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October 20, 2016




First, thanks for taking the time to bring the cameras on Thursday. I'm sorry we did not have time for you to talk about them and I'm grateful that you agreed to do so on Tuesday. It's important to hear from a photographer in all this.

Sontag is most definitely not a photographer and many photographers find her hostile to their work (see quotes on front page of this website). She is only casually interested, from time to time, in the testimony of photographers and never interested at all in the technical details. She's viewing photography from the perspective of a cultural critic (some would say europhile "cafe intellectual"). This is the old-fashioned rambling essay tradition, going back to Montaigne in the 16th C, where the essayist is really just exploring his/her own mind and impressions and associations, not giving a technical or scholarly or authoritative exposition on a subject.

Many have zeroed in, as you have, in her extreme statements about the camera as a gun-substitute and all her talk about picture-taking as "stalking, murdering," etc. She certainly does so "aggression" and "acquisitiveness" in all acts of photography, though not always a murderous type.

I appreciate your reflections at the end about photography immortalizing people in ways they may not wish. Take a look at the handout I have you called "The Boston Photographs" by Nora Ephron about an extreme case of "photographic ethics" -- do we have a right to "immortalize" someone's last moment of life---when they know they are about to die (and perhaps have their child die as well)? How do we reconcile the fact that an automatic shot camera captured this unforgettable image? That it's a great photograph in every technical and aesthetic way. What does this example provoke in us when we are debating the status of photographic knowledge, photography as art, as journalism, as a record of what actually happens to human beings?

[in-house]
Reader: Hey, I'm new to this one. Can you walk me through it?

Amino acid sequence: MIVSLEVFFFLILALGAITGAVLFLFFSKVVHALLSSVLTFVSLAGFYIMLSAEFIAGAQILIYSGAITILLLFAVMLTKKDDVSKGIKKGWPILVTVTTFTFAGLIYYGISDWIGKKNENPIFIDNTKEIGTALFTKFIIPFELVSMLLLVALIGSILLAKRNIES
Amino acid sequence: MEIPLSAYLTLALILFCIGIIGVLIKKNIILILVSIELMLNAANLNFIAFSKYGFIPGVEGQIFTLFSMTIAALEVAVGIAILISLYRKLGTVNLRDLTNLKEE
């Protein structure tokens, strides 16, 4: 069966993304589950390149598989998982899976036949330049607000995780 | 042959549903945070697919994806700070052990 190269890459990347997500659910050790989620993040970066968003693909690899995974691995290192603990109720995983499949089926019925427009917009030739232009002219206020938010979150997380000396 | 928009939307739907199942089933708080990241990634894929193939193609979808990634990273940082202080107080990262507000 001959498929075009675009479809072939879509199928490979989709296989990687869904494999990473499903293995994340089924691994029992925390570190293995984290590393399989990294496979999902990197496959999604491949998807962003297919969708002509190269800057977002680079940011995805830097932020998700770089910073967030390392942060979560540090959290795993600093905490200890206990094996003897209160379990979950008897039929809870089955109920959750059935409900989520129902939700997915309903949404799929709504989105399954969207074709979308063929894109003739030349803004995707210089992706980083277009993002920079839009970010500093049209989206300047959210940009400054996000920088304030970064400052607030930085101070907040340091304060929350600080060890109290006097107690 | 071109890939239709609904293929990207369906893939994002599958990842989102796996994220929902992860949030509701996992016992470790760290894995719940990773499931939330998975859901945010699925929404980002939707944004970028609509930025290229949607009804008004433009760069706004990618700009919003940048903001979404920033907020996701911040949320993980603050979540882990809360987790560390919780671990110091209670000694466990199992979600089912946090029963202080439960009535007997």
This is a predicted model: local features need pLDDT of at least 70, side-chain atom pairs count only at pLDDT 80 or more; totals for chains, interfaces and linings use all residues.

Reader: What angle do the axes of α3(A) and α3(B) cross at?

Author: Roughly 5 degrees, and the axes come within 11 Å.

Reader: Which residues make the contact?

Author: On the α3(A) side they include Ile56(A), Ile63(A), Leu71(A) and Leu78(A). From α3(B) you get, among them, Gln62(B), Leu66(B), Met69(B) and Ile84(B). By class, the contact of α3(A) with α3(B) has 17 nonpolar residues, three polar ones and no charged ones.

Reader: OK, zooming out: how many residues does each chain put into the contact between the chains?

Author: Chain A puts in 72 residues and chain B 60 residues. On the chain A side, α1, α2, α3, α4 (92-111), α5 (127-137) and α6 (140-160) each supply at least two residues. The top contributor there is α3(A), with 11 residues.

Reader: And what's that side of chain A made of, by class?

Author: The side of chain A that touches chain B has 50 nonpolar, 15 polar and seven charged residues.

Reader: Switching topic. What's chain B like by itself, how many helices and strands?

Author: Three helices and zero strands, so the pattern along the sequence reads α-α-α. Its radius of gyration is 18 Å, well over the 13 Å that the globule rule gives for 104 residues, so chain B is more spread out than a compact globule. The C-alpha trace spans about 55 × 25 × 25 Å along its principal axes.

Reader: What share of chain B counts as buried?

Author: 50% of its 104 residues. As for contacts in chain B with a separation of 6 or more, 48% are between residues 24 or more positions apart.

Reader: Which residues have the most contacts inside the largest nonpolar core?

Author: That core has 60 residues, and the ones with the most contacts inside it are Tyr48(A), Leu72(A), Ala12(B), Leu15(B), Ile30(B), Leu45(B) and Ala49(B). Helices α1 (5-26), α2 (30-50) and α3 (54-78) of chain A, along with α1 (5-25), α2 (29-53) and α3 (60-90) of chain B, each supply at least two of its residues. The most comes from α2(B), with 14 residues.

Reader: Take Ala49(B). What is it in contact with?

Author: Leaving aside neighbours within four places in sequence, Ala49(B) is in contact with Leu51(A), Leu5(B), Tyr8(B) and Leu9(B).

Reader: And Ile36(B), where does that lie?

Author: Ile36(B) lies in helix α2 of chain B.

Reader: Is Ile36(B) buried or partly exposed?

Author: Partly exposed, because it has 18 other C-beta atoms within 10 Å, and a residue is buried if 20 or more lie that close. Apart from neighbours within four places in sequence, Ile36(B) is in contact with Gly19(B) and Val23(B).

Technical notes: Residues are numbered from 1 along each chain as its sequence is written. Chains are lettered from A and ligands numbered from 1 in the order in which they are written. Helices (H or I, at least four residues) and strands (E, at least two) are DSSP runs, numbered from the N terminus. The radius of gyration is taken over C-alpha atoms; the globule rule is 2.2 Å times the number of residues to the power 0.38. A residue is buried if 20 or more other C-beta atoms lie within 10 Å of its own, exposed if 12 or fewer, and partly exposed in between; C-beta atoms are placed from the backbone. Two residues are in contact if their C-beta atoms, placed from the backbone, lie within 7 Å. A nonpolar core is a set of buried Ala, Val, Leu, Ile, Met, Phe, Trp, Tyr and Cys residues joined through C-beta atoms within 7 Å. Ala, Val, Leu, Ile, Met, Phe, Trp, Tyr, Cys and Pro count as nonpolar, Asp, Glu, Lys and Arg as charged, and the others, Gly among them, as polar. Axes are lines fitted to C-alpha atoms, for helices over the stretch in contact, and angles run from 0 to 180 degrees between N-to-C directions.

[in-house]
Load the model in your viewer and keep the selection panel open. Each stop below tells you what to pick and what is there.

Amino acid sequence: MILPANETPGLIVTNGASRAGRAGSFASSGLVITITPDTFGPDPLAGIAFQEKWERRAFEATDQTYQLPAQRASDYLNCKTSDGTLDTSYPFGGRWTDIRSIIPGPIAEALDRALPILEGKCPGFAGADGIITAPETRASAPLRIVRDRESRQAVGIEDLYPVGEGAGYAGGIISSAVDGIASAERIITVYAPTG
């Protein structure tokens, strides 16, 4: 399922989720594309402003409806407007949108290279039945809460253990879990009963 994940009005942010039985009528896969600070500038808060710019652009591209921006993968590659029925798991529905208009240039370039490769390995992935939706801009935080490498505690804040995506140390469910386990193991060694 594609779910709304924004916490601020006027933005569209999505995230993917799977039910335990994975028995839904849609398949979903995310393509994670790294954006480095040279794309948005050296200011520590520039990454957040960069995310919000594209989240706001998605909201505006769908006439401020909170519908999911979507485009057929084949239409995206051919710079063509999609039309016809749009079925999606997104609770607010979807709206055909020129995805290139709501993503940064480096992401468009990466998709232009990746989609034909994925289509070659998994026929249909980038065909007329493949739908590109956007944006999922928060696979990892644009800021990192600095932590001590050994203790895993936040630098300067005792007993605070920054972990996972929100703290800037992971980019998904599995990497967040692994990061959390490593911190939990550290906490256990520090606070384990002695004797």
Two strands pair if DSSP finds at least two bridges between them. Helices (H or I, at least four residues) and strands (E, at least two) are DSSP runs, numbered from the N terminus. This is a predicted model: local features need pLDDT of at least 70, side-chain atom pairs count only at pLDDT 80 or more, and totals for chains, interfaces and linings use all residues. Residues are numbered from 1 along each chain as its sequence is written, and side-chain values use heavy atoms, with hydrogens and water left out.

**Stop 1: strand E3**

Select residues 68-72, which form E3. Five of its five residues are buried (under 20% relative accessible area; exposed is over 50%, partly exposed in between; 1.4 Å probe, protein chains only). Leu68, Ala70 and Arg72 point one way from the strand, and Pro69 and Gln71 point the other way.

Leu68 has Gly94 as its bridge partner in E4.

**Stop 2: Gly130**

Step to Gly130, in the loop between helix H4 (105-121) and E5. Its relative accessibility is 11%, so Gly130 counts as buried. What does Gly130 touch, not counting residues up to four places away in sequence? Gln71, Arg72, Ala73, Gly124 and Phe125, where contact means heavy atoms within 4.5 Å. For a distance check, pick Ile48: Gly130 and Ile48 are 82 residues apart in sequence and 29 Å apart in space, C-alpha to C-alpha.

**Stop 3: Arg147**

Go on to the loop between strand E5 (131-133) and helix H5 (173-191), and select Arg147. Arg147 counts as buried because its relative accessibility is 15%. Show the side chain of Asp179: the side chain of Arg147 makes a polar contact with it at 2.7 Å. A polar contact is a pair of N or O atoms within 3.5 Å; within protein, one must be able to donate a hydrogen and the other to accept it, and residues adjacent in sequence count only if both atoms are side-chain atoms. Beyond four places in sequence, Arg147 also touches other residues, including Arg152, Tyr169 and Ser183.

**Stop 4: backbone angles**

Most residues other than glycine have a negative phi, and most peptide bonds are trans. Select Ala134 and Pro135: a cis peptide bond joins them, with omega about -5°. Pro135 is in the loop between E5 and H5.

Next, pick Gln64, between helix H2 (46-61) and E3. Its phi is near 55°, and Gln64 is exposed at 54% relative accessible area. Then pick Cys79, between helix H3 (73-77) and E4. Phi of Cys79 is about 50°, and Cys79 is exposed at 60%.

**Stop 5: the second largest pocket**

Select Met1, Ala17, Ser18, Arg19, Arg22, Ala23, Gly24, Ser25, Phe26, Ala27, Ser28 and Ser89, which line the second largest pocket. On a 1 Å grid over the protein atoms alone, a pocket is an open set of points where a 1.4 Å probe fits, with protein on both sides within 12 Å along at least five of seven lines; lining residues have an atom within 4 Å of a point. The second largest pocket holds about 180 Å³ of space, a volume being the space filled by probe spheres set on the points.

Grade: 3

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Media Ecology Quote of the Day

  • “Americans no longer talk to each other, they entertain each other. They do not exchange ideas, they exchange images. They do not argue with propositions; they argue with good looks, celebrities and commercials. . . . When a population becomes distracted by trivia, when cultural life is redefined as a perpetual round of entertainments, when serious public conversation becomes a form of baby-talk, when, in short, a people become an audience, and their public business a vaudeville act, then a nation finds itself at risk; culture-death is a clear possibility. ― Neil Postman, Amusing Ourselves to Death: Public Discourse in the Age of Show Business

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